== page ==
Cybersecurity incidents hit $33 billion during the past financial year. Building the right assurances into both cloud and on-premises systems is essential to avoiding the some of the biggest vulnerabilities.
Eighteen months into the COVID-19 pandemic, the chaotic rush to make remote work viable for ‘a few weeks’ has given way to a more permanent transformation. Today, business leaders continue to be challenged to reimagine the very definition of the modern digital office.
From corporations to educators, from banks to small businesses, where we work may be changed forever but our need to maintain the highest levels of cybersecurity has only increased. When your endpoints can be anywhere, it’s essential to choose a set of security solutions that covers remote, hybrid, and in-person operations. But too often there are gaps left in the defences.
A survey of senior cybersecurity executives found that 42% of CISOs agree the pandemic changed their cybersecurity priorities. The past eighteen months has seen constant reports of business cybersecurity incidents caused by exploits on vulnerable remote access scenarios or weak protocol management.
The Australian Cyber Security Centre’s Annual Cyber Threat Report found that the 2020-21 period saw the pandemic environment has been exploited heavily by malicious actors, with attackers regularly targeting not only the usual business sectors but also essential services and supply chains.
ACSC reported 67,500 cybercrime reports for the financial year, with self-reported losses from cybercrime totalling more than $33 billion. Ransomware attacks grew by 15%, while the average severity and impact of incidents also increased with over half being reported as ‘substantial’.
No one wants to be the business in the headline about customer data lists being discovered for sale on the dark web. So finding ways to build greater trust into your flows of information and collaboration is essential to elevate best practice beyond the standard protection layers.
Critical remote work security concerns
Addressing the more permanent status of remote work is essential in the new cybersecurity mix. A PwC survey found that three quarters of Australians say their ideal work environment is hybrid work, with 90% wanting to keep working from home “in some capacity”.
But an IBM-Ponemon Institute study found that the average data breach cost in Australia was now $3.7m, up 31% over the past year. Remote work environments were said to have increased the average cost of breaches globally by $1.5m.
So how do we help get our IT security teams back on the front foot after the rush to just keep the wheels turning? Across critical areas of cyber defence, addressing key concerns will make all the difference:
Cloud. The pandemic has made remote access solutions the preferred choice for sharing and collaborating, making the cloud the easiest answer. However, this desire for ease of access from anywhere becomes a major point of vulnerability if not properly secured. Microsoft found that 39% of companies are prioritising cloud security investments over data and information security or even network security. Choosing the right tool to invest in is essential, and many have found PKI has helped assure strong authentication and operational integrity at scale.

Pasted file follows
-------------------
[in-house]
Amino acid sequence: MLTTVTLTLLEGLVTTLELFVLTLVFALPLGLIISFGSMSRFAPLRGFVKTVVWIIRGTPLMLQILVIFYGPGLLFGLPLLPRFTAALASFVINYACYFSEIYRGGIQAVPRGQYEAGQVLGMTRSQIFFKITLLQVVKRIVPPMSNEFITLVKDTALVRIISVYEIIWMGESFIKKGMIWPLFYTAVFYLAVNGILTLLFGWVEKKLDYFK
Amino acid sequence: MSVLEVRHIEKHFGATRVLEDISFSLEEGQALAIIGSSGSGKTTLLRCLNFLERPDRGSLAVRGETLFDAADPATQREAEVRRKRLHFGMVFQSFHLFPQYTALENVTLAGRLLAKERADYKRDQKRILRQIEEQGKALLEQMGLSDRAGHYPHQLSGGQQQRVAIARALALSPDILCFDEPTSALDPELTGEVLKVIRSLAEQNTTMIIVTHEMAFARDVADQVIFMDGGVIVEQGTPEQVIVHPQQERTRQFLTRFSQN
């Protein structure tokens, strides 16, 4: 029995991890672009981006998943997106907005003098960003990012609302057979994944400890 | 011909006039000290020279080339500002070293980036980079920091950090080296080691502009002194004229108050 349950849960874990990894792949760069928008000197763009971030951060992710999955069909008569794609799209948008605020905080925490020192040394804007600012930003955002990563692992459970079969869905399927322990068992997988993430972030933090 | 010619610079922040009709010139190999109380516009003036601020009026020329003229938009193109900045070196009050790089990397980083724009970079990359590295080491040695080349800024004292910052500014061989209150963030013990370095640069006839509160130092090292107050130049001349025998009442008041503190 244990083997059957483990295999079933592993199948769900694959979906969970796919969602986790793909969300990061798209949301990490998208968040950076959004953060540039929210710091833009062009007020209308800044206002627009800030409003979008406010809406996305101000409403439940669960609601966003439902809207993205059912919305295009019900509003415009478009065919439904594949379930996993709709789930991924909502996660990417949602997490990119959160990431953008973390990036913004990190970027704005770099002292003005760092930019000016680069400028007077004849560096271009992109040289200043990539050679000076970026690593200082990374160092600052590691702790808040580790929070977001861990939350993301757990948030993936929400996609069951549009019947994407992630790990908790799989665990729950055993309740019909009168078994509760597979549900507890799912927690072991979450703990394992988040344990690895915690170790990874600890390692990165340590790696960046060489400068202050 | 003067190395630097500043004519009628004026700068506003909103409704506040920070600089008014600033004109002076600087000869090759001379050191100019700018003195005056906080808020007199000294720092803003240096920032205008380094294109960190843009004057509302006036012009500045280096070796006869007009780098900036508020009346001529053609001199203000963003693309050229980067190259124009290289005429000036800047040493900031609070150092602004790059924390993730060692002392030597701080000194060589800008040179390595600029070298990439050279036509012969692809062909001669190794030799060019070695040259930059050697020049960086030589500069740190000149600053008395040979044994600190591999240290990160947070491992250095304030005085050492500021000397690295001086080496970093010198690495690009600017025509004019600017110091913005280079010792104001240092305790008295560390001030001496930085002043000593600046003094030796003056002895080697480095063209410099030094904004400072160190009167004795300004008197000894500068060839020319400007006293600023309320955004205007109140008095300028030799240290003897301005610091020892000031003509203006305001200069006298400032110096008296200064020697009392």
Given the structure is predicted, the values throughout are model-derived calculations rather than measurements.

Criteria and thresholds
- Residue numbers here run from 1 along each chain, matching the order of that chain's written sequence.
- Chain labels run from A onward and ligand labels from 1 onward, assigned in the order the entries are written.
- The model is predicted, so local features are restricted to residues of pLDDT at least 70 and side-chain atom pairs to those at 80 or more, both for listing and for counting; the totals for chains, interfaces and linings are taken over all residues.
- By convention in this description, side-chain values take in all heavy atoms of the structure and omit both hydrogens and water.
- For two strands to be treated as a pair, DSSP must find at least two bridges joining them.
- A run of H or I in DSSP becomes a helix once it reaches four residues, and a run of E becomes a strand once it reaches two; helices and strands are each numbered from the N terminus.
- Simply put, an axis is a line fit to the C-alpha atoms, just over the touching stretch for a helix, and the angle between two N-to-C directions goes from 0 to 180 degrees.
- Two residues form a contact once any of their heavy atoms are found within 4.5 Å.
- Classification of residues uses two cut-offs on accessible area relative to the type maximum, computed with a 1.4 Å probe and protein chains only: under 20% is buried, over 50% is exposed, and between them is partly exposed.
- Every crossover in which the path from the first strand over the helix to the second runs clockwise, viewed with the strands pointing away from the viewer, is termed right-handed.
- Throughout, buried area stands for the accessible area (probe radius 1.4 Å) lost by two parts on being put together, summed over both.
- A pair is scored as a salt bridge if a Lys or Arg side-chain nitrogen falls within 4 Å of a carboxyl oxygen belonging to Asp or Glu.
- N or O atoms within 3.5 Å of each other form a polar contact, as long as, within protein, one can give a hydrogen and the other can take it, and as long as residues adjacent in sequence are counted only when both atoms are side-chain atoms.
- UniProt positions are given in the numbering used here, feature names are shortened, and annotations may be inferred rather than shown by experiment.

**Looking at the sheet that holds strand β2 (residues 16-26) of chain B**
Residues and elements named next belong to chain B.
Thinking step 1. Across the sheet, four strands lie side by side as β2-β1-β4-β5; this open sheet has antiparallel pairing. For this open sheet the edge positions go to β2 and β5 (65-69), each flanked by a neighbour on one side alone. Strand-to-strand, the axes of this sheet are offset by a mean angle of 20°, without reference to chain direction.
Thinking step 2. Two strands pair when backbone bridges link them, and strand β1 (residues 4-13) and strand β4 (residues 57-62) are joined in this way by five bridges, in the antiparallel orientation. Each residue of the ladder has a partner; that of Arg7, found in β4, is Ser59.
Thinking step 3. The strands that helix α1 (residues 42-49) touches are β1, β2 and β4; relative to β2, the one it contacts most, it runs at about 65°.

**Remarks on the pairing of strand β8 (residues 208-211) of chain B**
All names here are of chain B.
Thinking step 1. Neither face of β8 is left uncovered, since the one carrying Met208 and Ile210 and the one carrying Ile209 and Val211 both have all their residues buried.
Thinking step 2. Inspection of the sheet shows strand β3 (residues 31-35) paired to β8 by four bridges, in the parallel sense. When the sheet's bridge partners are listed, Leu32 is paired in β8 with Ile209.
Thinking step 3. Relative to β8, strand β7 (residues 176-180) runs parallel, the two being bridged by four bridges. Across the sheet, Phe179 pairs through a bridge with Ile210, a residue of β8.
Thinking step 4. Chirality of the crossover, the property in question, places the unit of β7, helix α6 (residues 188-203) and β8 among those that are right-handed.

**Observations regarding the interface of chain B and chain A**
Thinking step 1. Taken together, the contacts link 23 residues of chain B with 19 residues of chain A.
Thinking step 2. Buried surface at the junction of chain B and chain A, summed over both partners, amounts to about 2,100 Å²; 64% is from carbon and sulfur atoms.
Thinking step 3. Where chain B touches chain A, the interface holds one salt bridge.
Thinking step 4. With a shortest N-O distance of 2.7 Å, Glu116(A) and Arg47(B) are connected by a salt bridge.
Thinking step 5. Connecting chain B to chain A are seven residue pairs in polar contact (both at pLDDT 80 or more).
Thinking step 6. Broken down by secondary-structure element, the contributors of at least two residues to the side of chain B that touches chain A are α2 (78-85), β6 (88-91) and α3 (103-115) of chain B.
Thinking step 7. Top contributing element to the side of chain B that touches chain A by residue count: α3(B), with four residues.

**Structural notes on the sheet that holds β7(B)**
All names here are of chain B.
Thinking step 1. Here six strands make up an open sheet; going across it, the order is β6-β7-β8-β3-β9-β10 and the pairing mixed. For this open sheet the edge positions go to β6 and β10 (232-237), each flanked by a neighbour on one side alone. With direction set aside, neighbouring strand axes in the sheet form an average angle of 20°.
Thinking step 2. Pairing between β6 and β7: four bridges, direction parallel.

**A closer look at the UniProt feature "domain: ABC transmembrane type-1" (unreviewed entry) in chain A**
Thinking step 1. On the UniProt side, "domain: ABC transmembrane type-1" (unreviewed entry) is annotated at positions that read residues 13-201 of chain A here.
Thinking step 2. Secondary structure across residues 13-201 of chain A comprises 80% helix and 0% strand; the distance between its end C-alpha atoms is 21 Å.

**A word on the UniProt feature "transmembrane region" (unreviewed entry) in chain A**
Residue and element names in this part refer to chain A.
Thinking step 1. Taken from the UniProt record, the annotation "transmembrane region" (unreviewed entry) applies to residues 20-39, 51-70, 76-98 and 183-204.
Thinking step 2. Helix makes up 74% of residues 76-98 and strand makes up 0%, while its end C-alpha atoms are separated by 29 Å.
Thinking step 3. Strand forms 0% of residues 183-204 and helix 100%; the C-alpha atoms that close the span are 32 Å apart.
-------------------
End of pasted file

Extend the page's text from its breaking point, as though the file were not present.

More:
Phishing. Email phishing during the pandemic has skyrocketed as the on-prem defensive perimeter has dissolved. ACSC says spear phishing has increased, and the average loss per successful event has also increased to more than $50,600. Educating workers on what to watch for, and warning of new styles of attack such as fake COVID-19 return to work training documents, has a role to play. So too does using secure email tools like S/MIME through DigiCert’s Enterprise PKI Manager to provide clear sender authentication and proof of authorship.
Trusted messaging. Fundamental to overcoming so many modes of attack is to build better trust systems around corporate messaging, both internally and in communications with external partners and clients. Using Verified Mark Certificates can play a key role in enhancing trust identifiers in email as part of the Brand Indicators for Message Identification (BIMI) standard. VMCs are now fully recognised and displayed in Gmail and can be purchased at scale through DigiCert CertCentral.
Identity verification. Both internally and externally, it’s essential to be able to securely share and sign documents as part of any effective business process. But when we can’t get together in person it is a big challenge to verify sign off on important documents – particularly in high regulatory industries. Using tools like DigiCert Document Signing Manager, part of DigiCert ONE, can add the signature assurance required to meet high standards of verification and legal validation.
Variable remote devices. Mobile devices need their own unique security protections and practices. 52% of organisations are finding it a big challenge to protect mobile devices from cybersecurity issues. A critical first step to resolving such concerns is to deploy an effective mobile device management (MDM) policy.
No office-based cybersecurity. It is commonly thought that companies are more vulnerable when staff aren’t inside the physical IT security environment. While they can be more at risk, with tools like DigiCert’s Enterprise PKI Manager, you can boost security, protect vulnerabilities and provide remote workers with secure VPN access.
Why take chances?
Hybrid cybersecurity has created a far more complex landscape for IT management, but the stakes are higher than ever. Thankfully, help is available. If you’d like to learn more about how DigiCert could your assist with planning and implementing your organisation’s new hybrid security environment, reach out today for a chat with one of our team members.